Home prices in Pierce, Thurston take off as Seattle real estate comes off ‘sugar high'

PIERCE COUNTY, Wash. — King County's housing demands are continuing to have a pricey ripple effect in Pierce County and elsewhere, with home prices rising at a sharper clip in the Tacoma area than Seattle, based on year-over-year data.

In the latest Northwest Multiple Listing Service figures for August, median closed home sale price in Pierce County was $374,000, up 6.25 percent from the same time a year ago.

For comparison, King County median closed sale price in August was at $670,000, which was only a slight increase from a year ago. Snohomish County was at $490,000, a slight drop from the same time last year.

In the NWMLS news release with the August numbers, OB Jacobi, president of Windermere Real Estate, said: "Pierce County is now experiencing what King County did 24 months ago where a surplus of buyers and lack of supply are pushing up home prices."

"The Seattle area housing market is still coming off the ‘sugar high' that we saw last summer," Jacobi said, "but homes sales and prices are stabilizing."

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Buyers aren't just swarming Pierce County.

Thurston County's median closed sale price for August was $348,500, up 9.56 percent from August 2018.

An even more dramatic uptick year over year for August was seen in Kitsap County, with a median closed sale price of $396,263, up nearly 15 percent from last year.

John L. Scott's sales analysis for August in Pierce County noted "fewer new resale listings and unsold inventory, but more pending listings," with a "severe" shortage of available inventory up to $500,000.

"For homes priced $500,000 to $750,000, sales activity intensity is strong, with a shortage of unsold inventory," according to the analysis. For Thurston County, for homes priced $350,000 to $500,000, "sales activity intensity is a surge, with an extreme shortage of inventory."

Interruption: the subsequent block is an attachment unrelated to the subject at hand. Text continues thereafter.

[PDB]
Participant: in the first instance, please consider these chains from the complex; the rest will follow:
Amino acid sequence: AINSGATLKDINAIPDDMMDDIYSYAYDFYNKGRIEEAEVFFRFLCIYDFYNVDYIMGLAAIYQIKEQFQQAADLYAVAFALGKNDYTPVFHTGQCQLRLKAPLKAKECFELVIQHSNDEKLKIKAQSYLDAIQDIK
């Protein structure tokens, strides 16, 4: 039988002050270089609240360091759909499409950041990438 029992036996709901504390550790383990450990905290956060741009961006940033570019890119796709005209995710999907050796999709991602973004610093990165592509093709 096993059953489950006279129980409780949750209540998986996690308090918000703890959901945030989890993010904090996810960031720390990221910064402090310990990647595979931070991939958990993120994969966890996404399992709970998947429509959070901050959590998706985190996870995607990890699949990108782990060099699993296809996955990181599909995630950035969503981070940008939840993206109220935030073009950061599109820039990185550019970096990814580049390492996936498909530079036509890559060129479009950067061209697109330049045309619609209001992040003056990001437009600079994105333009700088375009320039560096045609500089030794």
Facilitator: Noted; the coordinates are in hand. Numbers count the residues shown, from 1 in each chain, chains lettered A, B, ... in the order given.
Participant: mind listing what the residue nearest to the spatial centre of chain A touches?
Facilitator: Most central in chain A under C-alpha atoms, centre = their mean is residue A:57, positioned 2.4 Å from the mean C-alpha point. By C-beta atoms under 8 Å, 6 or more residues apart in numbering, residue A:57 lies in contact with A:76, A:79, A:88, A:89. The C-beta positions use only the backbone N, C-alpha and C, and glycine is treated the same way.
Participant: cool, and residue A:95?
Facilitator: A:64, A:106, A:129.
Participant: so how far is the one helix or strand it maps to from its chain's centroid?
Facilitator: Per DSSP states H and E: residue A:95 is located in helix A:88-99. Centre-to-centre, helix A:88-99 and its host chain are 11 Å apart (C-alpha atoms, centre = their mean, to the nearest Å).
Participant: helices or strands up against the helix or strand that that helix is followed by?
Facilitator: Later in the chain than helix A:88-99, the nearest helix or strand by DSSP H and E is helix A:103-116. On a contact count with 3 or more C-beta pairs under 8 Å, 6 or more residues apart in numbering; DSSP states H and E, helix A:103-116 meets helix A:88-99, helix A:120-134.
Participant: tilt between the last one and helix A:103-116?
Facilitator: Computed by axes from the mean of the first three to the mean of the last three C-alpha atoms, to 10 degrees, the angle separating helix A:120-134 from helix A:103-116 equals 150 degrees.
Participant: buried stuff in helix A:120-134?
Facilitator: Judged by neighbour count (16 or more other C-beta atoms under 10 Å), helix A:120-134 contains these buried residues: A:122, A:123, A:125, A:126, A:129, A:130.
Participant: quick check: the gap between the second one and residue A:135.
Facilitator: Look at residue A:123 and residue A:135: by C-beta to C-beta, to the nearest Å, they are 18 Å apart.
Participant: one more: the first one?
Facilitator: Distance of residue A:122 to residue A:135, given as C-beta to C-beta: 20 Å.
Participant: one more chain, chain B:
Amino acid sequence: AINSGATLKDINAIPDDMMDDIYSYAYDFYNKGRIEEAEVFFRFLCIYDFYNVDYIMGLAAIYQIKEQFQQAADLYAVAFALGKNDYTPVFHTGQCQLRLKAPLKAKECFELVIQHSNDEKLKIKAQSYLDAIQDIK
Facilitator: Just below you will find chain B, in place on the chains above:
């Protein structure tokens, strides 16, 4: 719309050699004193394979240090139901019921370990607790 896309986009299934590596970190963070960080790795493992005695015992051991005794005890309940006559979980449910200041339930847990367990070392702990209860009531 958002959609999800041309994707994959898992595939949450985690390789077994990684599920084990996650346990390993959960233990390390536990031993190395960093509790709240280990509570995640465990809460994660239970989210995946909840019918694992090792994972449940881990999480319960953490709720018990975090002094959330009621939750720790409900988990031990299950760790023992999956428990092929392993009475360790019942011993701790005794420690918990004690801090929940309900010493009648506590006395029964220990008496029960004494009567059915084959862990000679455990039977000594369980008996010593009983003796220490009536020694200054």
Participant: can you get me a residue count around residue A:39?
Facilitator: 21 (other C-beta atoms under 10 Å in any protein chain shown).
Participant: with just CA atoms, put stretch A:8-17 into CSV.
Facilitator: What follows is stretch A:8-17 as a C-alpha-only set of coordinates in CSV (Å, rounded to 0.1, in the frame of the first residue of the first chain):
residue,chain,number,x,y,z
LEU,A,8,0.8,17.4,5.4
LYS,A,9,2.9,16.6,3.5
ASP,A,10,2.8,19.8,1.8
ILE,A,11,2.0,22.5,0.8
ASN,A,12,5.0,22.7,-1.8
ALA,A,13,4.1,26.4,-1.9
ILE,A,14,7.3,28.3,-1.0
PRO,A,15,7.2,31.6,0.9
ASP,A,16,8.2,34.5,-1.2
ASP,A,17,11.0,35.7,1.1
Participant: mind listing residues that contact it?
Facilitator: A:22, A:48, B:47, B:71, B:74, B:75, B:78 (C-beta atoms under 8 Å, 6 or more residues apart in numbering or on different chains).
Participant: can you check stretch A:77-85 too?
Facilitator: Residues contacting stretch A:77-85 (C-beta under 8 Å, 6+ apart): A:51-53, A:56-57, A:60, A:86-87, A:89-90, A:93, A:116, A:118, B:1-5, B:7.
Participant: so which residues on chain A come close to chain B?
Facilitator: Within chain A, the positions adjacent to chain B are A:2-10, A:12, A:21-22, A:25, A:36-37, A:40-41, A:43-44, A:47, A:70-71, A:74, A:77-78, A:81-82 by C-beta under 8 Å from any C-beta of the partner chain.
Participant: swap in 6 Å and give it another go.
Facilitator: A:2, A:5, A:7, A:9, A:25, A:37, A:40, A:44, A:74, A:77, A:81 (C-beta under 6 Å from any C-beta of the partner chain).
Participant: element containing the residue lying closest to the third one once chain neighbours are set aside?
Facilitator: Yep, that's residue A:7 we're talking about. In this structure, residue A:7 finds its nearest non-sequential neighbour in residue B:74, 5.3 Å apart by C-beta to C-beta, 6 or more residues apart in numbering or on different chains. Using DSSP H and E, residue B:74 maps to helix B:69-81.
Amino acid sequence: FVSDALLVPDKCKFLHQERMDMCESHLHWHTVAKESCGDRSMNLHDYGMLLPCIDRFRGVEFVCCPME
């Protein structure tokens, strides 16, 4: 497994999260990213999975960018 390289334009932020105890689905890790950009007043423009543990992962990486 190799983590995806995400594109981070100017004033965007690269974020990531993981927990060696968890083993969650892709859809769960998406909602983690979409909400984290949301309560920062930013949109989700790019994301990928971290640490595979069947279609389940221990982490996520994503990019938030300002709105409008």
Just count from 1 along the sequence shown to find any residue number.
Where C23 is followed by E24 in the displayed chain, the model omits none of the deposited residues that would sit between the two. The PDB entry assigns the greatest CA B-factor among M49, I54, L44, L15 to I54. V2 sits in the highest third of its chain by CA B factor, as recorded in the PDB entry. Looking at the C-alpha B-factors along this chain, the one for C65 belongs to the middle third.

In a separate report issued Friday, real estate marketing and data company Redfin said that while the next recession "won't be a repeat of 2008," there still are some housing markets more vulnerable than others, particularly in the West.

According to the report: "Not a single metro area among the top 10 with the lowest risk of a housing downturn is west of the Mississippi."

Redfin listed Riverside, California, Phoenix and Miami at greatest risk of a real estate downturn in a recession. Those with the least to lose: Rochester, New York, followed by nearby Buffalo and Hartford, Connecticut.

In its list of 50 metro areas, with No. 1 being at the lowest risk, the Seattle metro area came in at No. 36. Various factors were used in the rankings, including loan-to-value ratio, home price volatility and employment diversity.

Redfin chief economist Daryl Fairweather said in the report: "Home prices are high right now, but they're high because there's not enough supply to meet demand, which means there's not a bubble at risk of bursting."

In short, real estate won't be the driver of the next recession.

"If the U.S. enters a recession in the next two years, it will likely be caused by the global trade war," Fairweather said.